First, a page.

Cattle producers get longer phase-in on new transport regs

Jan 10, 2020

CFIA to offer ‘transition period,’ more details awaited

New federal livestock transport regulations, due to come into force in February, will now roll out on a longer timeline for the beef and dairy cattle sectors.

Federal Agriculture Minister Marie-Claude Bibeau has announced a “two-year transition period” for bovines, which is meant to provide “time to gather more data on effective solutions concerning the transport of cattle, while ensuring the preparedness of the sector in Canada.”

The Canadian Food Inspection Agency (CFIA) is otherwise set to begin enforcement in February 2020 for the now-amended Humane Transportation of Animals regulations.

Bibeau announced the transition period during a Canadian Cattlemen’s Association (CCA) event Wednesday in Ottawa. Canadians, she said in a statement, “know our ranchers and farmers are committed to the welfare of animals, while fostering a high degree of public trust.”

Of the new regulations, she said “we understand that the bovine sector requires more time to meet the new transportation requirements for feed, water, and rest.”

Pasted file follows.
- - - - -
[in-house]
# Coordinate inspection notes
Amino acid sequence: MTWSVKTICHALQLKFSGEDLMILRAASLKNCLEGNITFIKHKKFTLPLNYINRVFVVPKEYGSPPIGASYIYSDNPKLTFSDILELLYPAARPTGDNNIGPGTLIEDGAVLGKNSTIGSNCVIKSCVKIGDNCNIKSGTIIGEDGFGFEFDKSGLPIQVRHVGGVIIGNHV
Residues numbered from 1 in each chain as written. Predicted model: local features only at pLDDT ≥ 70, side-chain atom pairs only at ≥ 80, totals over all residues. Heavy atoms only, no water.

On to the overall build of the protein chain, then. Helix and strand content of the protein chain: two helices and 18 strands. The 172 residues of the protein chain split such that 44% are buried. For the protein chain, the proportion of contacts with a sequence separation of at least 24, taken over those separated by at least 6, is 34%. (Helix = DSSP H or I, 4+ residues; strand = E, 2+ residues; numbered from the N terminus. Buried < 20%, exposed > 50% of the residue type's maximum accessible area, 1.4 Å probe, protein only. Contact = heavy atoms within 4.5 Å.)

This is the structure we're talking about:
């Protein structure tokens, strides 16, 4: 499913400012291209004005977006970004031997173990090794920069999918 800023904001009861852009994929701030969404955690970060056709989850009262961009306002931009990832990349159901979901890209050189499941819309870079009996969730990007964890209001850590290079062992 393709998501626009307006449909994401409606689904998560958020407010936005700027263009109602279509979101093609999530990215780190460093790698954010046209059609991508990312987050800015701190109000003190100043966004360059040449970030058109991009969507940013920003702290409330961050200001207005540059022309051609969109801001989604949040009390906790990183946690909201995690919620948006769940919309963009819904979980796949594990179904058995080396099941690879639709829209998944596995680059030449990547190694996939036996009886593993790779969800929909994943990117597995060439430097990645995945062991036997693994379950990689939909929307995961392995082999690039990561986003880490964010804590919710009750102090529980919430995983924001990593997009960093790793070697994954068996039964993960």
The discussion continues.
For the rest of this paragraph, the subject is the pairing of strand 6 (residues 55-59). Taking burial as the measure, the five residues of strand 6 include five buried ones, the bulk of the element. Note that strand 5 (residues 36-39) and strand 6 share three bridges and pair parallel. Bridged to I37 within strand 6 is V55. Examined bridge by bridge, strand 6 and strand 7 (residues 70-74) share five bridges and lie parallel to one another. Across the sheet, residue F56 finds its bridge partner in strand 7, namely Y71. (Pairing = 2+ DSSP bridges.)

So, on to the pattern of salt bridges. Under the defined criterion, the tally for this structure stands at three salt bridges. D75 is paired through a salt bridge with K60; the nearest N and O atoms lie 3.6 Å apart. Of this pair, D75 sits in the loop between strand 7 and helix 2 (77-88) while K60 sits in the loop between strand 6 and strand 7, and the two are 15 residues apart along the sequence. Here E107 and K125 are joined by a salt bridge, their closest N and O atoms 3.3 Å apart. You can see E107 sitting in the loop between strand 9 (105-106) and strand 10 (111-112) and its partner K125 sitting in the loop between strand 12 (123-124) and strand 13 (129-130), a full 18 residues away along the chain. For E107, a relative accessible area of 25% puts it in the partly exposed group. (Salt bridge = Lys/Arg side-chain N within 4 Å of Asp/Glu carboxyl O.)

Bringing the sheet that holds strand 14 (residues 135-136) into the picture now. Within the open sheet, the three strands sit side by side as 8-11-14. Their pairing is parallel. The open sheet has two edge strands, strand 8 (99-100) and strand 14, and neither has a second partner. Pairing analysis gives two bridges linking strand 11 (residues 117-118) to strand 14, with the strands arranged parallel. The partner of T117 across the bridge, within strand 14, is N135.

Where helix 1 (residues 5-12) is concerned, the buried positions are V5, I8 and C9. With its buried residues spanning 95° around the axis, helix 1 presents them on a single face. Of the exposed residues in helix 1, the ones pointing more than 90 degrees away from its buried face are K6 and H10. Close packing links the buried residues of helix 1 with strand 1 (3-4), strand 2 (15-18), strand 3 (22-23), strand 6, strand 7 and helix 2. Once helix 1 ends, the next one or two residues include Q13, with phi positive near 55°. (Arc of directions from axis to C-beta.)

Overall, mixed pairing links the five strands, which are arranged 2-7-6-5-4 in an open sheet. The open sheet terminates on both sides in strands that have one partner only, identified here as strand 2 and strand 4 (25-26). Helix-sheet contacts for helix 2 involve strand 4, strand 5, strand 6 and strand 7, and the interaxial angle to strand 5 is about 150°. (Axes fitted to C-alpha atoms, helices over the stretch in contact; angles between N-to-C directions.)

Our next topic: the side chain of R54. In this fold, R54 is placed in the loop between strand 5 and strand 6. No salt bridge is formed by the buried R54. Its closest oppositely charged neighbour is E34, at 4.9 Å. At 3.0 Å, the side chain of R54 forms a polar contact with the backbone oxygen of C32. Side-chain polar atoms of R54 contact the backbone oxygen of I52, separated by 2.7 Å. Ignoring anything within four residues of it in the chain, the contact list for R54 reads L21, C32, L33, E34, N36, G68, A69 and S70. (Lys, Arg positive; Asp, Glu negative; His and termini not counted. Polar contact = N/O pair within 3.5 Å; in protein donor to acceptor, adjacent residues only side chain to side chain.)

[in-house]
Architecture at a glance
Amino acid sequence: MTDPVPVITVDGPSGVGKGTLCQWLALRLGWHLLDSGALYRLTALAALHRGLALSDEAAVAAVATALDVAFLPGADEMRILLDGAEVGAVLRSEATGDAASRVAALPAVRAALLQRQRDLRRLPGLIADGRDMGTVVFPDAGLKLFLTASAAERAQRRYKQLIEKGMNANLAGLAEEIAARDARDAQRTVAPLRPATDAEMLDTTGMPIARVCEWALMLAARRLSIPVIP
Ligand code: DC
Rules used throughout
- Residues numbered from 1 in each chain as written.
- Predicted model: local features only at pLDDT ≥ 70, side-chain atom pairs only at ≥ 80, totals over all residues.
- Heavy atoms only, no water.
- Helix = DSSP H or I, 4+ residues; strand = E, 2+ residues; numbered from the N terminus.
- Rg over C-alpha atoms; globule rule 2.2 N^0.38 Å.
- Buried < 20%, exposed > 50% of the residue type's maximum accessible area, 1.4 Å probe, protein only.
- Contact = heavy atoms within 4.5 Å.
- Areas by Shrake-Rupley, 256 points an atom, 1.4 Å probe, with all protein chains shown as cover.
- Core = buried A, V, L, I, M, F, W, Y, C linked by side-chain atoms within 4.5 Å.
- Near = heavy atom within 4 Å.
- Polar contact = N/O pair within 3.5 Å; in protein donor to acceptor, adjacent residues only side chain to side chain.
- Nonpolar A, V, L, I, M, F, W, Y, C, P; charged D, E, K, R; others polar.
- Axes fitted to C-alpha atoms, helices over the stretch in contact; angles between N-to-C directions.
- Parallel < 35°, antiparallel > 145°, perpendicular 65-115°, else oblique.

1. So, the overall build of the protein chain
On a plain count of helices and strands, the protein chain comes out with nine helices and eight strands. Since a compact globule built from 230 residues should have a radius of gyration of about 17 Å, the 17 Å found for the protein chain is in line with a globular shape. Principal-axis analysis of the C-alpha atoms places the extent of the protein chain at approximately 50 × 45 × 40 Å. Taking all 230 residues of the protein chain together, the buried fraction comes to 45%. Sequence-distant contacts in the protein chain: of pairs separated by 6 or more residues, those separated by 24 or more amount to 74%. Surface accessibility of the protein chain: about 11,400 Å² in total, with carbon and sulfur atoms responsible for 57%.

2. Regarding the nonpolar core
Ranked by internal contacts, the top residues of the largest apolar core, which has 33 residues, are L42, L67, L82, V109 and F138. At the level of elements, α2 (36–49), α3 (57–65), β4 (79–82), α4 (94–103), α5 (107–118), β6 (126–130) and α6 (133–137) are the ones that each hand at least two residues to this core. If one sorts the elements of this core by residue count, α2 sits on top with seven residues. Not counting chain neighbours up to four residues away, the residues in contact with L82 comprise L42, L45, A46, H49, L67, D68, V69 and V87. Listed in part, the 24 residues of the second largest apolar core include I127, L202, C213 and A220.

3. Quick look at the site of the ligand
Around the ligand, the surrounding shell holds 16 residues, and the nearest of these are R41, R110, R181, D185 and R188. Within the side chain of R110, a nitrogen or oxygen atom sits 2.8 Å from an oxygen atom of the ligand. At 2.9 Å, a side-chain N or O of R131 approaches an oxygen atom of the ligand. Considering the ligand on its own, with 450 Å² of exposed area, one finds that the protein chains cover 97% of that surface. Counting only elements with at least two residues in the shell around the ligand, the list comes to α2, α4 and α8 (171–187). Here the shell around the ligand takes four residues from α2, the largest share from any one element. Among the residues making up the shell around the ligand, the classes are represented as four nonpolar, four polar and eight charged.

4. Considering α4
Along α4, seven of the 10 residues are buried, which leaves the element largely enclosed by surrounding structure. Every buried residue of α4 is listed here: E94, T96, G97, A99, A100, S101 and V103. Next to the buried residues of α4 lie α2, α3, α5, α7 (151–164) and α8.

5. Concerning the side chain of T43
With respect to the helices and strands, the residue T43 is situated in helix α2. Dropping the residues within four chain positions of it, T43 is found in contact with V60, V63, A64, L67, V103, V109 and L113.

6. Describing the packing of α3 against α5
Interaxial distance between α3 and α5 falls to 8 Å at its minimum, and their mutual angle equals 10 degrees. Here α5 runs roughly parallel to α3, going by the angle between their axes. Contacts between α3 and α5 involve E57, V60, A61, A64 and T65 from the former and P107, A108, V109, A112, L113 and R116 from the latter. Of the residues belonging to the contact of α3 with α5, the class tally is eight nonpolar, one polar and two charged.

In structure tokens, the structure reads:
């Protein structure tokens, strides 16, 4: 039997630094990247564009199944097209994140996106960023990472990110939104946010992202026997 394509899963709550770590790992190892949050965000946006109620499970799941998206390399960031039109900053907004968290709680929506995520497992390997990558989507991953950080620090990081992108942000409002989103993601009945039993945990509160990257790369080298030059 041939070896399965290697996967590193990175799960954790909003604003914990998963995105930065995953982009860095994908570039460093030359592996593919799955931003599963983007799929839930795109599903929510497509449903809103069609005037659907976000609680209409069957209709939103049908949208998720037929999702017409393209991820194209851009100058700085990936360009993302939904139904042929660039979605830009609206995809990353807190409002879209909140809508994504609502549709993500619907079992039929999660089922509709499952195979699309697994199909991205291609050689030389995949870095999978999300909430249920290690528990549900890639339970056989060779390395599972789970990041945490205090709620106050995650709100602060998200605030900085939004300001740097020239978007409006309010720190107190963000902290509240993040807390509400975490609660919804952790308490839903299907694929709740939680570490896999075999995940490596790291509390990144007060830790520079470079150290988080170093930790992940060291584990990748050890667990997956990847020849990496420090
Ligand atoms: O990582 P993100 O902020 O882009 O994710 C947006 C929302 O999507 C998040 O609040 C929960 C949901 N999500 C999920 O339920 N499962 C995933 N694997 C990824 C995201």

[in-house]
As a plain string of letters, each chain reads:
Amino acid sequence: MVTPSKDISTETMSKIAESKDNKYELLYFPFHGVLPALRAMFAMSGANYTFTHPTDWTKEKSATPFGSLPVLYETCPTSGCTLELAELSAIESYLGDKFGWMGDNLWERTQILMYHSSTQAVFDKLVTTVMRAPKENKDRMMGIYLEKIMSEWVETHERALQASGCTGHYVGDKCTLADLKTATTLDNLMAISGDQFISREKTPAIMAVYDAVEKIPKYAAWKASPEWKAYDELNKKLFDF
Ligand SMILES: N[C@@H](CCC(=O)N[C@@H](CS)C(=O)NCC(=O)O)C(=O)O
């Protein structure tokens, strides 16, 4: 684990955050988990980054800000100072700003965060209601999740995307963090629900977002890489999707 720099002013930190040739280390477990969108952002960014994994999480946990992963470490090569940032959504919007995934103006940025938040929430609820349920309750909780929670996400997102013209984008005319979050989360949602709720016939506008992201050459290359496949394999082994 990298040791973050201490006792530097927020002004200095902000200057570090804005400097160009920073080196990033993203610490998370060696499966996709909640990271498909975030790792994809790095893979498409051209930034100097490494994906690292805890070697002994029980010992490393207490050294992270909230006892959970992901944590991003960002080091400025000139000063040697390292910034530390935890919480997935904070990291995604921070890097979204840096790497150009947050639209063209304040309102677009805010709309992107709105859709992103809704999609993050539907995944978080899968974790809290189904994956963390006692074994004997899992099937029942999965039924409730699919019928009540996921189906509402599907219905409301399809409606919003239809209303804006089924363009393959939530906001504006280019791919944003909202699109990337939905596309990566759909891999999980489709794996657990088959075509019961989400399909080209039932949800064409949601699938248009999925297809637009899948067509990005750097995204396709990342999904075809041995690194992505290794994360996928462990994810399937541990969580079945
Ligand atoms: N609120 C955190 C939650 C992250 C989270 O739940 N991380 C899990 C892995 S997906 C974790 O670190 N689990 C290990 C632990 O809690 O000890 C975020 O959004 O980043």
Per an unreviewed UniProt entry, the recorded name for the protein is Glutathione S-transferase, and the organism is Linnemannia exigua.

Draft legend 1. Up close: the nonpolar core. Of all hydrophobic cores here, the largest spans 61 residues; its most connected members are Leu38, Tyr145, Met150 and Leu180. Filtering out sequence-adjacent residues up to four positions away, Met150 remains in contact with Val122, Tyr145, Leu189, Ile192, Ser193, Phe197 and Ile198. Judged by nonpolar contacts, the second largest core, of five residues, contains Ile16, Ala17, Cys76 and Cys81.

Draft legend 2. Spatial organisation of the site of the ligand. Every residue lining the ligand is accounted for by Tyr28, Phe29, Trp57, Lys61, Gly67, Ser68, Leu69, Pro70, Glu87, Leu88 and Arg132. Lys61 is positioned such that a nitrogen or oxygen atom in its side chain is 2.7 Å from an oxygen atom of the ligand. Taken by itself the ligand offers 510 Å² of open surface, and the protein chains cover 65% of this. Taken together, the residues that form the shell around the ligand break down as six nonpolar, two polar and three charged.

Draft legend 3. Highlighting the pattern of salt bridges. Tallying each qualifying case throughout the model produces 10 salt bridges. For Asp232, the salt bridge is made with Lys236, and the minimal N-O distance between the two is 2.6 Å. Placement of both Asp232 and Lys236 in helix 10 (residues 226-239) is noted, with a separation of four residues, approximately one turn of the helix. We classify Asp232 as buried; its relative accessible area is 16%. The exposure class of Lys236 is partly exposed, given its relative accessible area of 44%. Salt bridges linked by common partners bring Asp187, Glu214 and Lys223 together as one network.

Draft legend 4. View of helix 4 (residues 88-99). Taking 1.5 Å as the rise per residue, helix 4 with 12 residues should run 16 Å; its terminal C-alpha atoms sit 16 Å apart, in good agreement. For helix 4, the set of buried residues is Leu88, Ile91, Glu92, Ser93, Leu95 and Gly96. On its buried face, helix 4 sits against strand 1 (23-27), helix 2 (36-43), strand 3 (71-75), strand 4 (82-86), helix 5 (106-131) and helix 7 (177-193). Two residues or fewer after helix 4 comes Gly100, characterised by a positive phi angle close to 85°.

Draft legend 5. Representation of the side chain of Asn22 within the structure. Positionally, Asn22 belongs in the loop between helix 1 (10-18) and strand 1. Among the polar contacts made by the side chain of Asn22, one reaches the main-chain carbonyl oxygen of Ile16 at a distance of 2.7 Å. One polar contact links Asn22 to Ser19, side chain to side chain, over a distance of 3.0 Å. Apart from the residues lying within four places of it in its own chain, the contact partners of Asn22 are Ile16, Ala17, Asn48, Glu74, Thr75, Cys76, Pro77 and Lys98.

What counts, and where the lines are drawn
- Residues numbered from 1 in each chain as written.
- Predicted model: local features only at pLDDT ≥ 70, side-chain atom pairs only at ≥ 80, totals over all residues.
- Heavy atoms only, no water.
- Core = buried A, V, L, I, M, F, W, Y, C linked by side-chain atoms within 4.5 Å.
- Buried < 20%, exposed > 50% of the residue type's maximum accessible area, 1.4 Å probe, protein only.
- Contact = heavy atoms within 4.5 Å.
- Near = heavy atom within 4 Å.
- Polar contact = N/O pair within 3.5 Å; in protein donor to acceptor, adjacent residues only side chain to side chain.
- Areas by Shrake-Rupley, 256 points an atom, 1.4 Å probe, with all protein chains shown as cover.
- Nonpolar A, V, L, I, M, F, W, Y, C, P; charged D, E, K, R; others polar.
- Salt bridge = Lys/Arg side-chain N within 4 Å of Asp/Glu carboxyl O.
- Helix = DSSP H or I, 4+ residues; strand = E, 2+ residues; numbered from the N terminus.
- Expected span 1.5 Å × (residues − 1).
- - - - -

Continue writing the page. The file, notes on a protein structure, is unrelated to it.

A CCA representative said Thursday the organization is “looking forward to hearing more details of the proposed delay.”

The CCA said it also hopes CFIA, during the transition period, is willing to “pause and take into account ongoing government-funded livestock transportation research to ensure we get the regulations right.”

The amended regulations due to take effect in February focus on time spent in transport without feed, water and rest, as opposed to time spent in confinement, the government has said previously.

For ruminant livestock, the new rules call for a maximum of 36 hours in transport without feed, water and rest, compared to the current maximum of 48 hours of transport confinement.

For ruminants too young to be fed exclusively hay and grain, the new maximum was to be 12 hours without feed, water and rest, where the current maximum for calves is 18 hours of transport confinement. For “compromised” animals, the maximum time without feed, water and rest under the new rules is also set at 12 hours.

For cattle and calves, the “rest” period following the maximum interval without feed, water and rest was to be eight hours under the new rules, up from five currently.

Reporting by Lisa Guenther of Canadian Cattlemen, writing by Glacier FarmMedia Network staff.